The Long Island Medium would probably say yes. In fact, I took my mom to see her in October. I knew I had a spiritual experience there although I don’t practice a religion. I really felt she talked with the departed and brought comfort and closure to so many people that night. Will their holidays be a little lighter this year after that experience? I hope so. What do you think? What experiences have you had of a supernatural kind like that that helped you to find peace with losing someone? Every time we think or dream of a person, look at the clock at the same time out of habit, have a light that flickers at a certain moment, is that a sign from the dead?

One tidbit I’ve shared on my personal Facebook page is the connection I’ve felt between my grandmother, her sister (my Great Aunt) and my now 2-year old daughter. After having our first daughter through IVF, we were a bit shocked when we found out I was pregnant with a second while in the urgent care suffering from an upper respiratory infection. This day we also heard the news of my Great Aunt’s passing. Aunt Margaret was like a surrogate Gramma to me as mine passed when I was 13 on Thanksgiving Day. Growing up I always felt it was hard to be thankful on Thanksgiving Day when my Gramma was taken from us on that holiday. Cutting this story to the quick, my daughter was born later that year (12 days earlier than her December due date) on November 28th, the same date as my Gramma’s passing. This year of course the day fell again on Thanksgiving. A birthday celebration with this new little life has brightened even the saddest of memories of loss. I am a firm believer that if you pay attention and are open to it, signs and communication come from the dead.

As a genealogist, I feel like I am in constant touch by bringing stories to life from the grave. It’s the untold relationships and stories that I stumble upon that enrich my own family search or provide insight and clarity to others. I welcome you to post replies sharing signs you’ve received or other amazing events that have occured and how they’ve brought you closure and closer with the dead. Have a wonderful holiday season and Happy New Year!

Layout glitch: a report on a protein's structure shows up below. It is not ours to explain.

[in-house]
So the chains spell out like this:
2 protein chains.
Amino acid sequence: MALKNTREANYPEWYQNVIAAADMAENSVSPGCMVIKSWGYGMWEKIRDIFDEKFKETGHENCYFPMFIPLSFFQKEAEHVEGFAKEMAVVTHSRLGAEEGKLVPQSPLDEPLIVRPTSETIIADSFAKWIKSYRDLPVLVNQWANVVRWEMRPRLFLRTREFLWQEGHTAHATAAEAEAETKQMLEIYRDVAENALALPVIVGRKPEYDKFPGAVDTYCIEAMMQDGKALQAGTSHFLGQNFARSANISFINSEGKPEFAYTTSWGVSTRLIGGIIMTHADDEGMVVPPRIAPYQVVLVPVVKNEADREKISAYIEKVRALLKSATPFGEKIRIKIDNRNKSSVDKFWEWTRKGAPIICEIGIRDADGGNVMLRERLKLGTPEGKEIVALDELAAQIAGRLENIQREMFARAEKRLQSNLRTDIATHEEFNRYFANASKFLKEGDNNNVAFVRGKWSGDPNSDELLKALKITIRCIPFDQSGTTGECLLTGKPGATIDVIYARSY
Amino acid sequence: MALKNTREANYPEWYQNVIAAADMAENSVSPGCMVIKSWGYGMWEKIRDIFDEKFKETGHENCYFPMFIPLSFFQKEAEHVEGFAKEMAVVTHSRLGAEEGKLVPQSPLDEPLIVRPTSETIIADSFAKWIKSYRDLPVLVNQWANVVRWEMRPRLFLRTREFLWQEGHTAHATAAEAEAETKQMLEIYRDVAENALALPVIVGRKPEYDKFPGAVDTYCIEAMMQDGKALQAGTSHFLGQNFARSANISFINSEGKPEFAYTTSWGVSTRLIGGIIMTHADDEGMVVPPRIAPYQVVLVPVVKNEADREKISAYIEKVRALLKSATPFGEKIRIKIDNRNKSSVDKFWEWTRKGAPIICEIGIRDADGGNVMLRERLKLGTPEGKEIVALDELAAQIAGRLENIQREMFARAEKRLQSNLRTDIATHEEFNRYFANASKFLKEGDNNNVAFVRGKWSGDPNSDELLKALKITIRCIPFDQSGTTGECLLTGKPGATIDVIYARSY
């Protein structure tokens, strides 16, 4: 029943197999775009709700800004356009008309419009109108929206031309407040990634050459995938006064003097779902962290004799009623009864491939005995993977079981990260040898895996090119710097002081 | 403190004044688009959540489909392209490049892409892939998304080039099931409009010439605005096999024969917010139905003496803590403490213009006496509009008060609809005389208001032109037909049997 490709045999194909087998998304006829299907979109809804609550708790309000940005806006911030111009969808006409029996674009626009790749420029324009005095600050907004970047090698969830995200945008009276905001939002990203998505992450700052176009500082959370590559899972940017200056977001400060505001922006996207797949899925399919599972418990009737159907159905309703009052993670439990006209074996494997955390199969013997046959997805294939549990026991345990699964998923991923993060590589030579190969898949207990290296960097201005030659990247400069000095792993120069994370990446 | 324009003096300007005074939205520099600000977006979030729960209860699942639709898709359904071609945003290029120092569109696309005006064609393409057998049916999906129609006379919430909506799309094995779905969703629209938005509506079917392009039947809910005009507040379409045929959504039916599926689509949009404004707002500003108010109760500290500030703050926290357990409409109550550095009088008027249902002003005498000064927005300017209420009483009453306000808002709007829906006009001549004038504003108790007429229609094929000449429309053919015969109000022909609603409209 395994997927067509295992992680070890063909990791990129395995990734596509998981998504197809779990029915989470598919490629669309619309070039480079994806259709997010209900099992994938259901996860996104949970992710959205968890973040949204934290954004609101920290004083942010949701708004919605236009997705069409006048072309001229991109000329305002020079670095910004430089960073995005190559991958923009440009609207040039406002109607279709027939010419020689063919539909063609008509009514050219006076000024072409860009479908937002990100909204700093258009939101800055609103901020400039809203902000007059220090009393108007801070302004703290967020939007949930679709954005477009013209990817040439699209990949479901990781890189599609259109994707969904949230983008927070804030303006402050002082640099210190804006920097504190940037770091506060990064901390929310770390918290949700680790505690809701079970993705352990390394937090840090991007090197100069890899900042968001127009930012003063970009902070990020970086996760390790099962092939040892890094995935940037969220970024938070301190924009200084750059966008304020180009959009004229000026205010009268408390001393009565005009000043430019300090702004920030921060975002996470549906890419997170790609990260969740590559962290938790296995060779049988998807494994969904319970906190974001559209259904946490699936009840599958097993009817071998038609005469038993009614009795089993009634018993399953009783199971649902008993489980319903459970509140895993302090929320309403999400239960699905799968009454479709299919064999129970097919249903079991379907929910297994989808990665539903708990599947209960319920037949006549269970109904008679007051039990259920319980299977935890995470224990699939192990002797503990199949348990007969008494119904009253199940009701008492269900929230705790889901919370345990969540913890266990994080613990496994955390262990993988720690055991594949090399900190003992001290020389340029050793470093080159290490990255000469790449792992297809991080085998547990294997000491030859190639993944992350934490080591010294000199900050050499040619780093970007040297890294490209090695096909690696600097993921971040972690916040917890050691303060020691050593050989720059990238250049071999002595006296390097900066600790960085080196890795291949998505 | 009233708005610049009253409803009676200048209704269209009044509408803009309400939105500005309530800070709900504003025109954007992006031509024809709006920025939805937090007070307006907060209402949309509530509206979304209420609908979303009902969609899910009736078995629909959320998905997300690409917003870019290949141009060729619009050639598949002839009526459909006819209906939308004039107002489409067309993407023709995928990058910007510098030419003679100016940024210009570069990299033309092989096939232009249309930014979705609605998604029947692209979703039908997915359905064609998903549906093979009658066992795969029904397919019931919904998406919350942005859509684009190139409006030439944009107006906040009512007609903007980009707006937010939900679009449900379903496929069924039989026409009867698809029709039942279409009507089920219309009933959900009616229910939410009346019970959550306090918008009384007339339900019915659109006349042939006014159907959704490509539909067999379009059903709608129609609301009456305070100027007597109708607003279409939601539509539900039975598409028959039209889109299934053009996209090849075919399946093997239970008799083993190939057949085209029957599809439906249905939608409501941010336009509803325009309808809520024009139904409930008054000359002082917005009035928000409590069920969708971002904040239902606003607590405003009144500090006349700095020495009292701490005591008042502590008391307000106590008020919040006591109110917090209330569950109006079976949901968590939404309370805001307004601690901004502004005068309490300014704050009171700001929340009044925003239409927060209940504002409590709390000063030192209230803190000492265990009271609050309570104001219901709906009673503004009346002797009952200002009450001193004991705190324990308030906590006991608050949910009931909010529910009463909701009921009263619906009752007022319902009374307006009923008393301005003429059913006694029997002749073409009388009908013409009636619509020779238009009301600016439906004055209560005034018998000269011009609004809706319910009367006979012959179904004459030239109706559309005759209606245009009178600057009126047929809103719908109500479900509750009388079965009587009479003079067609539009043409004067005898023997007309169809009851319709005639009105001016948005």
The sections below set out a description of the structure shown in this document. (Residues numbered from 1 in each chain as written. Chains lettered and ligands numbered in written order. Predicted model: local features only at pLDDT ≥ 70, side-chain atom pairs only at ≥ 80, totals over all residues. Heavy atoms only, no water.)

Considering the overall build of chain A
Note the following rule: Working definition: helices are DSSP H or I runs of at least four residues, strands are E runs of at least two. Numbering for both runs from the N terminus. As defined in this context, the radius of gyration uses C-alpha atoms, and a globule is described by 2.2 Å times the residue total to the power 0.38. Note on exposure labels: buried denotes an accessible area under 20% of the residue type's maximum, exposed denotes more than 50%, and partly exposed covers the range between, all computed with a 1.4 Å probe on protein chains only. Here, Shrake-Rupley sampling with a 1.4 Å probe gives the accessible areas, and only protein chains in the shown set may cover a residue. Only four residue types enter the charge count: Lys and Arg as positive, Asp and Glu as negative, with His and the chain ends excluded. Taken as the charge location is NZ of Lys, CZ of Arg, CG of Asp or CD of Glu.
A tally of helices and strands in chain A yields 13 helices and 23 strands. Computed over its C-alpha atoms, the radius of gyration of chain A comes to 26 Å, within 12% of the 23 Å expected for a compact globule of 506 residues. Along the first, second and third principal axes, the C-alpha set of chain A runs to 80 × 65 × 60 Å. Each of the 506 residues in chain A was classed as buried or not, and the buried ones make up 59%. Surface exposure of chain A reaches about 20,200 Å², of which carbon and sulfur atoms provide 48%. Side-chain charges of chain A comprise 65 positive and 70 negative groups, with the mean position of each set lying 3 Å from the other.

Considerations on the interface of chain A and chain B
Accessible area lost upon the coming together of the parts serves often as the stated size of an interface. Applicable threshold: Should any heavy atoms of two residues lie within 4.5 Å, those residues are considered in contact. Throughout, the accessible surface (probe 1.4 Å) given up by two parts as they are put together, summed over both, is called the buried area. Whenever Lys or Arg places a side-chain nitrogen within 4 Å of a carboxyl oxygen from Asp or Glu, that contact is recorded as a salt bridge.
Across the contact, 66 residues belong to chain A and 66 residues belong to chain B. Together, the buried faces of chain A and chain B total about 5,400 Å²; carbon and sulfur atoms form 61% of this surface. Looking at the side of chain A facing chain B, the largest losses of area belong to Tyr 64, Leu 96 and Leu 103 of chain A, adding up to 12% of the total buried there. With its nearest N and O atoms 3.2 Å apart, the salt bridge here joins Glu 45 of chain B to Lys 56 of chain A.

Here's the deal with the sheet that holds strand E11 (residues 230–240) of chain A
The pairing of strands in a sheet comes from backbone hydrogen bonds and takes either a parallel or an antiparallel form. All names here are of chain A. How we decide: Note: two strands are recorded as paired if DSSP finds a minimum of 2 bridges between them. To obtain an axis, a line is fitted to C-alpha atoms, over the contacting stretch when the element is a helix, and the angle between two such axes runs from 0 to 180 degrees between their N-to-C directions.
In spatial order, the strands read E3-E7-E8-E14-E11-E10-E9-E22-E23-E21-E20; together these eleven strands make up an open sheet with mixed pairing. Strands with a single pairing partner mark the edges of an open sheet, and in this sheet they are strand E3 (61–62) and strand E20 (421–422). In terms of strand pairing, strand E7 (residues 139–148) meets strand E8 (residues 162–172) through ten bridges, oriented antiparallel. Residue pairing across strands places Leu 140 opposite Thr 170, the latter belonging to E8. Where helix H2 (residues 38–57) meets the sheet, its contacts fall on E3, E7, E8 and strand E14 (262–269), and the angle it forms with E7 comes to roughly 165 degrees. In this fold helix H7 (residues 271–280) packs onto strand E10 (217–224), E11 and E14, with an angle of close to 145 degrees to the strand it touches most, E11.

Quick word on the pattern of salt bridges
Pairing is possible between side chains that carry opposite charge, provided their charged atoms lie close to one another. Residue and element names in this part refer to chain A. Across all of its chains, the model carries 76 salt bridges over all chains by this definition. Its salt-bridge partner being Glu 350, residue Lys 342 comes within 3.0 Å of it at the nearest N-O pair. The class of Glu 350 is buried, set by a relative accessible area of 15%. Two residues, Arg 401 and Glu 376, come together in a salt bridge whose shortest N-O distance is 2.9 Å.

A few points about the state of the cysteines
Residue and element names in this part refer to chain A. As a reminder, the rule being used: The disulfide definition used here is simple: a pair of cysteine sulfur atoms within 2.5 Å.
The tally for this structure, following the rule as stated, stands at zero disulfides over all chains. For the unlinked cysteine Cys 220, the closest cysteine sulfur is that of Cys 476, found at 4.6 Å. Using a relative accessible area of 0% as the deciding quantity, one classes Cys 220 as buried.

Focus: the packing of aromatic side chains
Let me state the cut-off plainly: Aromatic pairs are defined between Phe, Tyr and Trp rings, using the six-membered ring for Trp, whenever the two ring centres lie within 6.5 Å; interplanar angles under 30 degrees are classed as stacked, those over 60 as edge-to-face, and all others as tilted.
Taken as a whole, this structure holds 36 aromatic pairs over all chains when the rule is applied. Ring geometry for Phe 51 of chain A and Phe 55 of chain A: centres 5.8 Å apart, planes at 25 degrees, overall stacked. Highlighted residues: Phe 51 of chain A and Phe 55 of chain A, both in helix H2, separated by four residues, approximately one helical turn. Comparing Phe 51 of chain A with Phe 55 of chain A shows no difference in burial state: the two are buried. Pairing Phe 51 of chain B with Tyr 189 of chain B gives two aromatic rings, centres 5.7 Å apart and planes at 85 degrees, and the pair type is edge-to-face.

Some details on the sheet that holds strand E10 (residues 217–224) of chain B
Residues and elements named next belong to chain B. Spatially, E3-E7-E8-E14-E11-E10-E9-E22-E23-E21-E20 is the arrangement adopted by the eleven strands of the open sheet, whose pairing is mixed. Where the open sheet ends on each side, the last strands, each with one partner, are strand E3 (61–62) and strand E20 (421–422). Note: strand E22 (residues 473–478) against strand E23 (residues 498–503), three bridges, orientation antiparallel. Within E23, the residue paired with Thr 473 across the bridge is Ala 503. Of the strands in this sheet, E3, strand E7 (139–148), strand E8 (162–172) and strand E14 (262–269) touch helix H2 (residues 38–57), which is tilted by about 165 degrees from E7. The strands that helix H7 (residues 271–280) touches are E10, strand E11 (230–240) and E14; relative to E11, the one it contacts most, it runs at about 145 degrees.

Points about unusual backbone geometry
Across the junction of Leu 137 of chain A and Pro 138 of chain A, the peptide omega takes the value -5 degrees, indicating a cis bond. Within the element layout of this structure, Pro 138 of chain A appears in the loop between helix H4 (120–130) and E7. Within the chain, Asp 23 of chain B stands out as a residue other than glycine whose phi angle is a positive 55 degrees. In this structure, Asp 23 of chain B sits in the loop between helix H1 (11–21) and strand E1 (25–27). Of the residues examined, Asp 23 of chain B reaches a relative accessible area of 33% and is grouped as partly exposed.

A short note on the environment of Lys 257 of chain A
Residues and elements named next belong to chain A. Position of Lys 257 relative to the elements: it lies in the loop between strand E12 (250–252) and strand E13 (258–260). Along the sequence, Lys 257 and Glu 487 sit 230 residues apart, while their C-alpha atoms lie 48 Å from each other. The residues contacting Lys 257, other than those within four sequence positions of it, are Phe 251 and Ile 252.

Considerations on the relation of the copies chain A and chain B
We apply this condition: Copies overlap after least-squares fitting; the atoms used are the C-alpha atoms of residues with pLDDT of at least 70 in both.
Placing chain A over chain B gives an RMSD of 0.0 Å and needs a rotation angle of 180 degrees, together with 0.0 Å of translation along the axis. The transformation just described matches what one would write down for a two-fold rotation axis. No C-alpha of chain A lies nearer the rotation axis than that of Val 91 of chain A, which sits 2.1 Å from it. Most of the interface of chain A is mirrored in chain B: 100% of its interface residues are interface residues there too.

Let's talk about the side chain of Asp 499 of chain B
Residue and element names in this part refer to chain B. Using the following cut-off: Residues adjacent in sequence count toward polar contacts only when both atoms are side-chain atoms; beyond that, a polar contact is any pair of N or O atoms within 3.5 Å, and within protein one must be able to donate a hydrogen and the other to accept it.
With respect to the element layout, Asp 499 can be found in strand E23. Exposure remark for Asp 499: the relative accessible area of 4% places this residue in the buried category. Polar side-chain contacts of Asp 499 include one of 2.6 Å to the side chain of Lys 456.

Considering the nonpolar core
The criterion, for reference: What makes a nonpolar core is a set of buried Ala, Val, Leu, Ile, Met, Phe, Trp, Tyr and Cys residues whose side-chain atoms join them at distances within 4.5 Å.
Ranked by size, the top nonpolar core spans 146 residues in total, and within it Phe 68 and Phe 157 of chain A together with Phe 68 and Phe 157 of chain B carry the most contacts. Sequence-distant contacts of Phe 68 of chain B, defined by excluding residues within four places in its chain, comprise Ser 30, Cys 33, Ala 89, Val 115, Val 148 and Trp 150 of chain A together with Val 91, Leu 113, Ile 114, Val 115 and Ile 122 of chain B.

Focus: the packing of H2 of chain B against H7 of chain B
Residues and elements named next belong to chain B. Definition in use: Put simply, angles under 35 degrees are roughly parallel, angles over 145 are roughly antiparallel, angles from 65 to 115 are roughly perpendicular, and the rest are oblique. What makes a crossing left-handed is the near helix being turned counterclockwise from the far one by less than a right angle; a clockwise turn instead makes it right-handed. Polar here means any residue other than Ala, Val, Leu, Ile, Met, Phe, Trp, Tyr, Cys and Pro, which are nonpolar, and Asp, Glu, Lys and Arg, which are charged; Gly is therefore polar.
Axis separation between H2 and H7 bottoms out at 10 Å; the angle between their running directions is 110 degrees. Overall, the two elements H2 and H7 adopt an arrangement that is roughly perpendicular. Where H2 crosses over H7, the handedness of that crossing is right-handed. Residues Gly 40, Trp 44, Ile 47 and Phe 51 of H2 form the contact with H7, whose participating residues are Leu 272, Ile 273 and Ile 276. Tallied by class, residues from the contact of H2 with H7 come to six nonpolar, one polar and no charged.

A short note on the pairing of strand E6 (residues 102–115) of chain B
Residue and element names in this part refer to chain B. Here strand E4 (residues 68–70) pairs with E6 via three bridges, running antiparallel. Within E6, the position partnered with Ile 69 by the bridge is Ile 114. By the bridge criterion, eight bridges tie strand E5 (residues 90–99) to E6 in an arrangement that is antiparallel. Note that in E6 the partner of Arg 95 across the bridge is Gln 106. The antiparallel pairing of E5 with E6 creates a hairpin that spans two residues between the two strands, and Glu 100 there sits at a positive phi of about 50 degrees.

Data driven crazy…by Google

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That’s me currently. I’ll admit, I do love research and technology. It’s the behind the scenes data and interconnectedness that amazes and perplexes me. Sure I hit roadblocks like any other genealogist, but the ones I am finding myself up against lately are of a technology nature as it relates to starting my business.

I get asked pretty regularly, how’s your website traffic, what’s your reach? I just assumed I could go into my web hosting service and see the data. It must be buried pretty deep because I couldn’t find anything and the support boards weren’t any help either. Time to spend some time and do this right.

Google Analytics was the recommendation I found at every turn. What, it’s free?! I’m sure the catch is that Google has access to my data in my website, maybe more. I can deal with that, I think… So I pulled the GA switch this weekend. From there, I went to my Facebook company page and figured what the heck, let’s promote this page and I created a paid ad with a fixed budget not the crazy $5 per day. I set up target audience demographics, interests etc… I thought, this is way too easy. And it really was! I downloaded both the Facebook Insights and another analytics app that pulls in the GA data. Now, I’m hooked. I can tell in an instant how many unique visitors, what’s my bounce rate and how long they stay on each page of the website. Just plain cool.

Google has some cool technology typically so I thought I would check out the Google Glass tour that started in Durham, NC. This proved to be an underwhelming experience compared to all of the great tech endeavors Google has been part of. After waiting in an hour long sun-baked line with my children (2 under the age of 5) and our caregiver, it was finally our turn to see what the buzz was about. I put the Google Glass on, it kept trying to find a connection. It didn’t understand my commands, or actually my question “Ok Glass, where am I?” until it was my last moment with this contraption. Finally the screen above my right eye displayed the words “Durham NC” and then showed me on a map. Hmmm, do I need a small piece of glass monitor over my right eye to show me where I am? Perhaps I should have asked how to say “good evening” in Japanese. As a genealogist, the most practical purpose i considered this Terminator type eye piece would provide was the ability to take photos of graves and dictating what was being viewed. I could easily pull out my iPhone for this and as far as pics, the $1500 current pricetag of Glass would more easily translate to a new Nikon.

While I continue to build my business, I will be keeping stock of the steps and technology along the way. Watch out there could be a lecture in my future! In the meantime, I wonder how many new visitors liked my Facebook page or visited my website while I wrote this? Ok Glass, where am I?